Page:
As shown in Figure 1, there were 47 candidate genes involved in the NOTCH signaling pathway. We screened 36,960 SNPs based on the 1000 Genomes Project (CHB) and obtained 5026 SNPs after the quality control procedures were applied. Moreover, two different web tools were used to predict the functional characteristics, and the interaction of their results was obtained (Supplementary Figure 1, http://links.lww.com/MD/D577). A total of 76 SNPs remained for genotyping and after quality control procedures were applied. After a logistic regression analysis adjusted for age, sex and smoking status, only rs7944701 and rs3760961 had P values below .05 (Table 2). Both SNPs were distributed in the intron region. In the additional study, we chose the rs7944701 T > C SNP located in MAML2 with the lowest P value (OR = 1.329, 95% CI = 1.115–1.583, P = .001).
3.3 rs7944701 is an eQTL for MAML2
To explore the association between rs7944701 and MAML2 further, we analyzed the rs7944701 allelic discrimination and MAML2 expression in 37 bladder-adjacent normal tissues. When rs7944701 carried the C allele, MAML2was significantly differentially expressed (P = .034) (Fig. 2A). Therefore, rs7944701 is an eQTL for MAML2, and allelic changes would influence MAML2 expression even though it is an intronic variant.
3.4 Association of target genes with bladder cancer
SNP rs7944701 is located in the first intron of the MAML2 gene. We assessed the expression of the target gene MAML2 in bladder cancer. In the TCGA BLCA data, there were 412 tumor tissues and 19 normal tissues included. We observed that MAML2 expression in tumor tissues was clearly lower (P = 9 × 10−4; Fig. 2B). Besides, three GEO datasets, including non-tumor bladder tissues and bladder cancer tissues, were all human, and expression profiling was performed by array. We explored these data and found a remarkable statistical discrepancy in MAML2 expression between non-tumor controls and tumor cases. As shown in Figure 2C, MAML2 expression was higher in non-tumor tissues than in tumor tissues in GSE37815, GSE38265, and GSE42089 (P = .0127, P = 7.8 × 10−3and P = 1.7 × 10−3, respectively).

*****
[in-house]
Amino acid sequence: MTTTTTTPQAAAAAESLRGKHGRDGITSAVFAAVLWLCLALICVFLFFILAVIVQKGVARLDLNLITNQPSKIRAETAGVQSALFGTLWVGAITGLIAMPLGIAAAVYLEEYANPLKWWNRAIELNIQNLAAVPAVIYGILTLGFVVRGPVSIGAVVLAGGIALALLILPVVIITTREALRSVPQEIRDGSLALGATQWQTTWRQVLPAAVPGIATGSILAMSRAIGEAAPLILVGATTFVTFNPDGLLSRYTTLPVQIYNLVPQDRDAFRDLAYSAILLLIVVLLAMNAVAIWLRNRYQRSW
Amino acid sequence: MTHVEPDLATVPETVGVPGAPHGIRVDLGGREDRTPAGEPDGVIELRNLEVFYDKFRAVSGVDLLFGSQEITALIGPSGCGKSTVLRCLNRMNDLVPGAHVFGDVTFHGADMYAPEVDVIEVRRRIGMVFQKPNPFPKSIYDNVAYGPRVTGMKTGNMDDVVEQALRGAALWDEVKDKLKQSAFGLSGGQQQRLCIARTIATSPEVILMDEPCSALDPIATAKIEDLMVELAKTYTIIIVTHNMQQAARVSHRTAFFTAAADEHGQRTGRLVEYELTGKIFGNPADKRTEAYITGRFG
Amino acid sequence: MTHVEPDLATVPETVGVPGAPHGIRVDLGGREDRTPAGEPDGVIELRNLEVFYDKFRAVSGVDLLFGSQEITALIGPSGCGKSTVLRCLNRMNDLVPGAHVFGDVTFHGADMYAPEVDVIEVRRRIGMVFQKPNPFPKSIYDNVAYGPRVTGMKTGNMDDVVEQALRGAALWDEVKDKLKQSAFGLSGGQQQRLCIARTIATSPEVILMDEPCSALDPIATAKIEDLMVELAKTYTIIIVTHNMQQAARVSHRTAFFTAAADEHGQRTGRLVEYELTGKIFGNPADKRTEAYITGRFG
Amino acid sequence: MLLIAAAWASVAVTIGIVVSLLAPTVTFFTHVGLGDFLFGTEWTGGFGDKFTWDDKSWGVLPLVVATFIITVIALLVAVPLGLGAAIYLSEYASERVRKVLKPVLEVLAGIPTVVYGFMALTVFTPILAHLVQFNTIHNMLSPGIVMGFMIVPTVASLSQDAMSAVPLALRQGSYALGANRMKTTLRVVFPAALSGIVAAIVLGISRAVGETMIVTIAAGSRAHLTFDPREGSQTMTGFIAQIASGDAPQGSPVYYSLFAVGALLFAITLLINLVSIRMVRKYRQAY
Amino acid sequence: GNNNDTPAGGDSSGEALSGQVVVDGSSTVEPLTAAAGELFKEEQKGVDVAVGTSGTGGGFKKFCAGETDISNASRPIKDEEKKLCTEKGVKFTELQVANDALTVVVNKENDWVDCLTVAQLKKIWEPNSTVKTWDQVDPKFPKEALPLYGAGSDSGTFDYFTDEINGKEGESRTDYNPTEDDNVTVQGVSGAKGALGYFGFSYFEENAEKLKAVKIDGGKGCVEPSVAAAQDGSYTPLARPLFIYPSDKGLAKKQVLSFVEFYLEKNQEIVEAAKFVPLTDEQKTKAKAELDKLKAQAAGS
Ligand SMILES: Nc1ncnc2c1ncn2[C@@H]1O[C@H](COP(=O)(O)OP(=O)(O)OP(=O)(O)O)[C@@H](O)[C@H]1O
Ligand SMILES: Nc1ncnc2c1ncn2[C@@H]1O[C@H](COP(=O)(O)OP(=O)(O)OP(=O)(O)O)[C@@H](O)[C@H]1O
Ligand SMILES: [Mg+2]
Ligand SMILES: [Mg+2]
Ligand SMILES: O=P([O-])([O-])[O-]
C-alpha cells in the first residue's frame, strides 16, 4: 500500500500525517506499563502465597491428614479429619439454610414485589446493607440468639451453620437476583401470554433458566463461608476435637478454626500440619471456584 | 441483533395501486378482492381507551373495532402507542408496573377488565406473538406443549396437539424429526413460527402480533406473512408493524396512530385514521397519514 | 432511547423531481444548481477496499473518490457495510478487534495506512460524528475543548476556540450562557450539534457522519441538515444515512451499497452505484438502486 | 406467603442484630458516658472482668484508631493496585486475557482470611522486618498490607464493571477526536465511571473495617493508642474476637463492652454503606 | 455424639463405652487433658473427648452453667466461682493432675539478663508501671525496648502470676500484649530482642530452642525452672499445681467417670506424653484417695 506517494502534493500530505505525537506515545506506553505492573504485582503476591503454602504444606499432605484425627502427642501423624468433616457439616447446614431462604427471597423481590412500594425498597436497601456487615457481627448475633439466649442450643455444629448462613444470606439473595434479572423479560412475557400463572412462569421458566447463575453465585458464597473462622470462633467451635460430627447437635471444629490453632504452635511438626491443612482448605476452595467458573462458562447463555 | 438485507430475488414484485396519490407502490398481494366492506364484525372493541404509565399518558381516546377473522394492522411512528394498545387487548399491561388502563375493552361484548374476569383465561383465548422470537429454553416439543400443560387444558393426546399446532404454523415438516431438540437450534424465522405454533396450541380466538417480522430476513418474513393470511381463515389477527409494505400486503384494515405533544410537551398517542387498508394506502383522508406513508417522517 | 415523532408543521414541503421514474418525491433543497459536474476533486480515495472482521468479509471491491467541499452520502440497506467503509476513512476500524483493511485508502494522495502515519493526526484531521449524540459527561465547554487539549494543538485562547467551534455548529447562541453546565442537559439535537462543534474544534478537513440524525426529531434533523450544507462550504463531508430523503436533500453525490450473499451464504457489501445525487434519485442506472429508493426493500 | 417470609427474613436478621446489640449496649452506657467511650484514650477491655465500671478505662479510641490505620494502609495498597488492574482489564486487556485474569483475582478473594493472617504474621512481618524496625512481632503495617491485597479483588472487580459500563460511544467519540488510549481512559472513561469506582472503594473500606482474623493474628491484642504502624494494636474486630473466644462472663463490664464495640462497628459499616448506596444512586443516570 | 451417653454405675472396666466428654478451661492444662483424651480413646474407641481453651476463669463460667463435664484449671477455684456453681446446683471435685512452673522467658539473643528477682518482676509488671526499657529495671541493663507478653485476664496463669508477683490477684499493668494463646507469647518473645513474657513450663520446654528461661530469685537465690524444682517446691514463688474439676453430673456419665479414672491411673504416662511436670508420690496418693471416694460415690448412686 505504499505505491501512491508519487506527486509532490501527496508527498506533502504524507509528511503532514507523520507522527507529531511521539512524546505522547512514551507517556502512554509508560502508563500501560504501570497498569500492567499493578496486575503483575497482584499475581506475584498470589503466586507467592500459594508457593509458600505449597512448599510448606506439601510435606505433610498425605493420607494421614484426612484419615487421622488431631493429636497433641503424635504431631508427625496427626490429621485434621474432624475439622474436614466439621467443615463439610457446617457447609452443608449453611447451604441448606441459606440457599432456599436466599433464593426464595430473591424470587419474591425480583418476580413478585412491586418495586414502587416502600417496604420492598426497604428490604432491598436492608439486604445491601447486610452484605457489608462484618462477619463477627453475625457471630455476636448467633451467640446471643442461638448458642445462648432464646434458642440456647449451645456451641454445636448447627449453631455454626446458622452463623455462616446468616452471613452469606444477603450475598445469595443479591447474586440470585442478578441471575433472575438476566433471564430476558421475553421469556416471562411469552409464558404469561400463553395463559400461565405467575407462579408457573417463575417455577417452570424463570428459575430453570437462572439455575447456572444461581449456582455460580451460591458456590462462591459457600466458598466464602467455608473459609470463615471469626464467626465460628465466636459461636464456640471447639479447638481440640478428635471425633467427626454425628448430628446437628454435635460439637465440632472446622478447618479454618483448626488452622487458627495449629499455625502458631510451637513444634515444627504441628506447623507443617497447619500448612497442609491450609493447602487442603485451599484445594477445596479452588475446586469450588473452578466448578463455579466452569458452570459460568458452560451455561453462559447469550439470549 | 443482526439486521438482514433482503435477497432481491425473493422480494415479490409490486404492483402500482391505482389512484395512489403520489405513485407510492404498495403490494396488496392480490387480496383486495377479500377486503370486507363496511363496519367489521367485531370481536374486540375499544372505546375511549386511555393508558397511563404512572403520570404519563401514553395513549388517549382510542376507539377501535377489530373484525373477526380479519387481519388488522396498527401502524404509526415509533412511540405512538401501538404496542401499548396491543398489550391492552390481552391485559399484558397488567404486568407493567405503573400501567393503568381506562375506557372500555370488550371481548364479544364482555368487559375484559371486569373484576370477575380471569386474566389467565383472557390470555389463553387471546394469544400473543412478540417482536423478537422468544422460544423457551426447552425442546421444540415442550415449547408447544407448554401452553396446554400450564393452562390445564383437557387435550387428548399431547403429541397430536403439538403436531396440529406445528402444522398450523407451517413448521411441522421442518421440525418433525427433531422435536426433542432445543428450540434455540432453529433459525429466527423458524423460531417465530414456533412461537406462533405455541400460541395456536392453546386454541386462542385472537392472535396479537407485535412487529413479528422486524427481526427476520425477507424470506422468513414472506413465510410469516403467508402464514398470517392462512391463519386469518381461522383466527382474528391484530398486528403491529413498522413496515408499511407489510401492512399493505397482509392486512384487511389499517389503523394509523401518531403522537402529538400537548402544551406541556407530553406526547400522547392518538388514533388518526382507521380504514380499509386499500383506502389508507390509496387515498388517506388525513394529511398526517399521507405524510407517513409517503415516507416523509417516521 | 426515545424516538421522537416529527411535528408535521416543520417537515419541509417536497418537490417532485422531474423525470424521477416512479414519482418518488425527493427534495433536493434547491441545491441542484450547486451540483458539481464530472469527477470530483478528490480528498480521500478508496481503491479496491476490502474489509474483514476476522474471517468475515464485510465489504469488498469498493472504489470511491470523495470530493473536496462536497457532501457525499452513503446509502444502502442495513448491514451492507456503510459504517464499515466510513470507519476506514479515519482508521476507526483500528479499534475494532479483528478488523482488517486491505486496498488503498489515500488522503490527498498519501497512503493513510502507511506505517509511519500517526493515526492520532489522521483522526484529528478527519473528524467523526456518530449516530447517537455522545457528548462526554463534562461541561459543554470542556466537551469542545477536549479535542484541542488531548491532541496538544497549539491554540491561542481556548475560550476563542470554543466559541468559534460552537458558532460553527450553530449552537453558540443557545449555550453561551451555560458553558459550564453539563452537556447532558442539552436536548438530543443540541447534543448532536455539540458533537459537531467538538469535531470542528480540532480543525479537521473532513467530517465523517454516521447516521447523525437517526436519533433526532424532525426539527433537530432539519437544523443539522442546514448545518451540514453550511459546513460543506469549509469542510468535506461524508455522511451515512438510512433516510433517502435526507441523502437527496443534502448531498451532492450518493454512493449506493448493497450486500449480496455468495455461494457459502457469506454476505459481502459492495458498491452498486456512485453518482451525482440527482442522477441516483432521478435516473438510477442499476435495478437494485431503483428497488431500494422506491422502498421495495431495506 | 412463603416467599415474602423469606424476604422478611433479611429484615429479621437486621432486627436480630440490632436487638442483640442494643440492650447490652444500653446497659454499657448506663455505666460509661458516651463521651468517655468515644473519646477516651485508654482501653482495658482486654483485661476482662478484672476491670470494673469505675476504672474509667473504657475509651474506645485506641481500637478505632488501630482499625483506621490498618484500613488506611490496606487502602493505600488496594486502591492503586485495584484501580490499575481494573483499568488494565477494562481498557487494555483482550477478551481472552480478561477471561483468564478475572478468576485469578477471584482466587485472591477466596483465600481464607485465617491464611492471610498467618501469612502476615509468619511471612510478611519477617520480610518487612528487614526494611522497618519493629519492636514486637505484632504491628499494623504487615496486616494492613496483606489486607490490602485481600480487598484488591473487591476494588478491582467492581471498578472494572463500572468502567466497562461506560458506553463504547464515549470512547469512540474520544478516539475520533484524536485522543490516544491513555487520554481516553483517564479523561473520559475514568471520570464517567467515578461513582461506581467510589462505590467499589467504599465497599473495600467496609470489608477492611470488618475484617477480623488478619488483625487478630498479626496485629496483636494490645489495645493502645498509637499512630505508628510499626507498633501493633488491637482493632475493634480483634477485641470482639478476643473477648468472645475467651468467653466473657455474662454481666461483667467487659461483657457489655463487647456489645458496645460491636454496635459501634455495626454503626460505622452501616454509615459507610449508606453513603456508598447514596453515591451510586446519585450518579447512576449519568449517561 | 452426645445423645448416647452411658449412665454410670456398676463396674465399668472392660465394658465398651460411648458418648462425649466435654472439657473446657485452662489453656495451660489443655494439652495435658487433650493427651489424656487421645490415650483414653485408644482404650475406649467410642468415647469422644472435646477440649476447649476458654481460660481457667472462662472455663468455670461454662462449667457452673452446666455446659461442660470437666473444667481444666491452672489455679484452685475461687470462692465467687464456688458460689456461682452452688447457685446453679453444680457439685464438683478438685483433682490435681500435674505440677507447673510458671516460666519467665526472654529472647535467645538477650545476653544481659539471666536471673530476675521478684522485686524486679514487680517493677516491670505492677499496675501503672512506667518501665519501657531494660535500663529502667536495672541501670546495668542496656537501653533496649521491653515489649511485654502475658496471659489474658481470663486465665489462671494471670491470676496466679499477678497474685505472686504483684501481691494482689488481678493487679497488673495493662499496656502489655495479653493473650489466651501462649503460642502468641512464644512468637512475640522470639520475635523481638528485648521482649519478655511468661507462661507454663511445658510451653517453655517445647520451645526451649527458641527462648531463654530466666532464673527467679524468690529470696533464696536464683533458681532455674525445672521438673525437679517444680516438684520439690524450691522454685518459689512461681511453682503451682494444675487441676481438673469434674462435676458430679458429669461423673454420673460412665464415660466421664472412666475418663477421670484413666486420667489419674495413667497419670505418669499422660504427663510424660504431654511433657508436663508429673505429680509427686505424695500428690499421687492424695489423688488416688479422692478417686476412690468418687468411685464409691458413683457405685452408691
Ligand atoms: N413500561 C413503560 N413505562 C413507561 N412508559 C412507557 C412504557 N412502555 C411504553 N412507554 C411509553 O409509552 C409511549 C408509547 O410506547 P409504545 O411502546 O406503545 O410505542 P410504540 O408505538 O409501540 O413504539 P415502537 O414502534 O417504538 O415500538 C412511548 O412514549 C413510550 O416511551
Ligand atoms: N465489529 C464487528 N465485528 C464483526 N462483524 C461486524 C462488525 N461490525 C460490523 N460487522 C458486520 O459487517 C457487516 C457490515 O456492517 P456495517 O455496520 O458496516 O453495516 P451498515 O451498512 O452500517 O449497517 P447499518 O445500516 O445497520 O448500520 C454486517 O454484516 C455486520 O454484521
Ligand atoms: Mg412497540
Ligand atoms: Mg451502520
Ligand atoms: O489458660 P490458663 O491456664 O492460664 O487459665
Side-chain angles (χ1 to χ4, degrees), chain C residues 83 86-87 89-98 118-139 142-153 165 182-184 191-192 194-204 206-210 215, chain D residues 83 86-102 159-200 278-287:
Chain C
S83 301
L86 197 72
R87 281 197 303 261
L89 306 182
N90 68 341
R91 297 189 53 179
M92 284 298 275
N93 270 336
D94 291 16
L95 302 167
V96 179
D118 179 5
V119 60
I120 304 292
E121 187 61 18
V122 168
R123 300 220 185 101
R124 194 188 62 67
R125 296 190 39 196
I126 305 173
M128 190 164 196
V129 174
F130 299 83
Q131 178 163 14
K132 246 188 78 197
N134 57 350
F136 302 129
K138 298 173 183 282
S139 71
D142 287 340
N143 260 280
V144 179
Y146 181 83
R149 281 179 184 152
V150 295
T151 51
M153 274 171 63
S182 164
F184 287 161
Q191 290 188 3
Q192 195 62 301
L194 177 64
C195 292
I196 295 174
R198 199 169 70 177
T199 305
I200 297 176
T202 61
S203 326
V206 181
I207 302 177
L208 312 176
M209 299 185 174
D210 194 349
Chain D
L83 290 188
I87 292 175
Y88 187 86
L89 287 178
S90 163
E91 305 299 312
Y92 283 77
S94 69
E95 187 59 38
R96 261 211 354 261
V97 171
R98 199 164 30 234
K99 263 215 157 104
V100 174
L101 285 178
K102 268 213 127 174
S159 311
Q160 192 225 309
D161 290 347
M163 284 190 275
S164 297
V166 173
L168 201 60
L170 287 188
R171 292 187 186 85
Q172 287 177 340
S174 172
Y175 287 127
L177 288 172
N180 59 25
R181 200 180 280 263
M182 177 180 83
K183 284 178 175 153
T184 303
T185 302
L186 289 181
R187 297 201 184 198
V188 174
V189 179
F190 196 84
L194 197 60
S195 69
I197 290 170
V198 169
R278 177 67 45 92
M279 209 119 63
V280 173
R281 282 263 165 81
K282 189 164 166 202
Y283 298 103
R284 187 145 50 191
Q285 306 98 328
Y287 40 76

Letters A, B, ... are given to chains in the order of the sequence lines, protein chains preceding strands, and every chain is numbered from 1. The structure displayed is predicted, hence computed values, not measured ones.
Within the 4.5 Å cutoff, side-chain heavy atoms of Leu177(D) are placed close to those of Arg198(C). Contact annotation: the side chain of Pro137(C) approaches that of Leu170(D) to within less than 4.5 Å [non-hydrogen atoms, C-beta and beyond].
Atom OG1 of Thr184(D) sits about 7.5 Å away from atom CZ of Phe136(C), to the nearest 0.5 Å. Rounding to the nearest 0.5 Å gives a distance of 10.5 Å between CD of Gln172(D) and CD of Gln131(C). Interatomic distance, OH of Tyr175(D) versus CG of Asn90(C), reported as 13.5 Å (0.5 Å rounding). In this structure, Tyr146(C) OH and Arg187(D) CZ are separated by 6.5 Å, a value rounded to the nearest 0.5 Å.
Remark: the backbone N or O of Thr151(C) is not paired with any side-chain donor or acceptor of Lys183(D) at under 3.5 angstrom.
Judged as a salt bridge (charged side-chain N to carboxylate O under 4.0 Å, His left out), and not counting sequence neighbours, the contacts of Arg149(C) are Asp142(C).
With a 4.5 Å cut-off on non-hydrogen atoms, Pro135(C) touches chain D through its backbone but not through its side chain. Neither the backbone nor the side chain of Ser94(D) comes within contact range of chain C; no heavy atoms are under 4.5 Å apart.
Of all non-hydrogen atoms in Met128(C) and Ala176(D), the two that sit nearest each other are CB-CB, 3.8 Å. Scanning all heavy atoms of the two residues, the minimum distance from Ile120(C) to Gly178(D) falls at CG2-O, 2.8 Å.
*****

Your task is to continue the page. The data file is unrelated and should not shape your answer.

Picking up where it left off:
Subsequently, after dividing the BLCA cohort into two groups, high and low MAML2 expression, according to the median expression. The high MAML2 expression was correlated with lower overall survival (hazard ratio (HR) = 1.53, 95% CI = 1.29–1.82, P = .010; Fig. 3).
The NOTCH pathway, as a highly conserved system, is a key element in the regulation of embryogenesis, nervous system development and function, and even tumorigenesis. Rampias et al revealed that the NOTCH pathway was a new tumor suppressor in bladder cancer. They unraveled that mutations in FGFR3 and RAS enriched in the NOTCH signaling pathway were associated with bladder cancer risk. Notably, mutations in the pathway could promote tumorigenesis by phosphorylating ERK1/2. Additionally, another study observed a remarkable association between bladder cancer and Notch2. Hayashi et al reported that the overexpression of Notch2 promoted tumor growth, invasion, and metastasis. Notch 2 operates as an oncogene that promotes bladder cancer growth and metastasis through EMT, cell-cycle progression, and maintenance of stemness. Notch2 activation correlated with adverse disease parameters and worse prognosis by immune histochemistry. Thus, inhibition of Notch2 is a rational novel treatment strategy for invasive bladder cancer. Another study had indicated that Notch1 and Notch2 have opposite effects on the progression of bladder cancer could give rise to potential therapeutic approaches aimed at blocking or restoring the Notch pathway. According to these previous studies, the NOTCH pathway may regulate the incidence and progression of bladder cancer in an especially complex way. Nevertheless, these results are inconsistent. In this study, we comprehensively evaluated the association between 36,960 SNPs and 47 candidate NOTCH pathway genes. Based on the 1000 Genomes Project (CHB), we found several functional genetic variants associated with bladder cancer involved in the NOTCH pathway. In the following genotyping and statistical analysis, we found that 2 genetic variants, rs7944701 and rs3760961, had remarkable significance in bladder cancer. We focused on rs7944701 with the lowest P value in the additional study. Interestingly, the host gene MAML2 had a strong association with bladder cancer prognosis.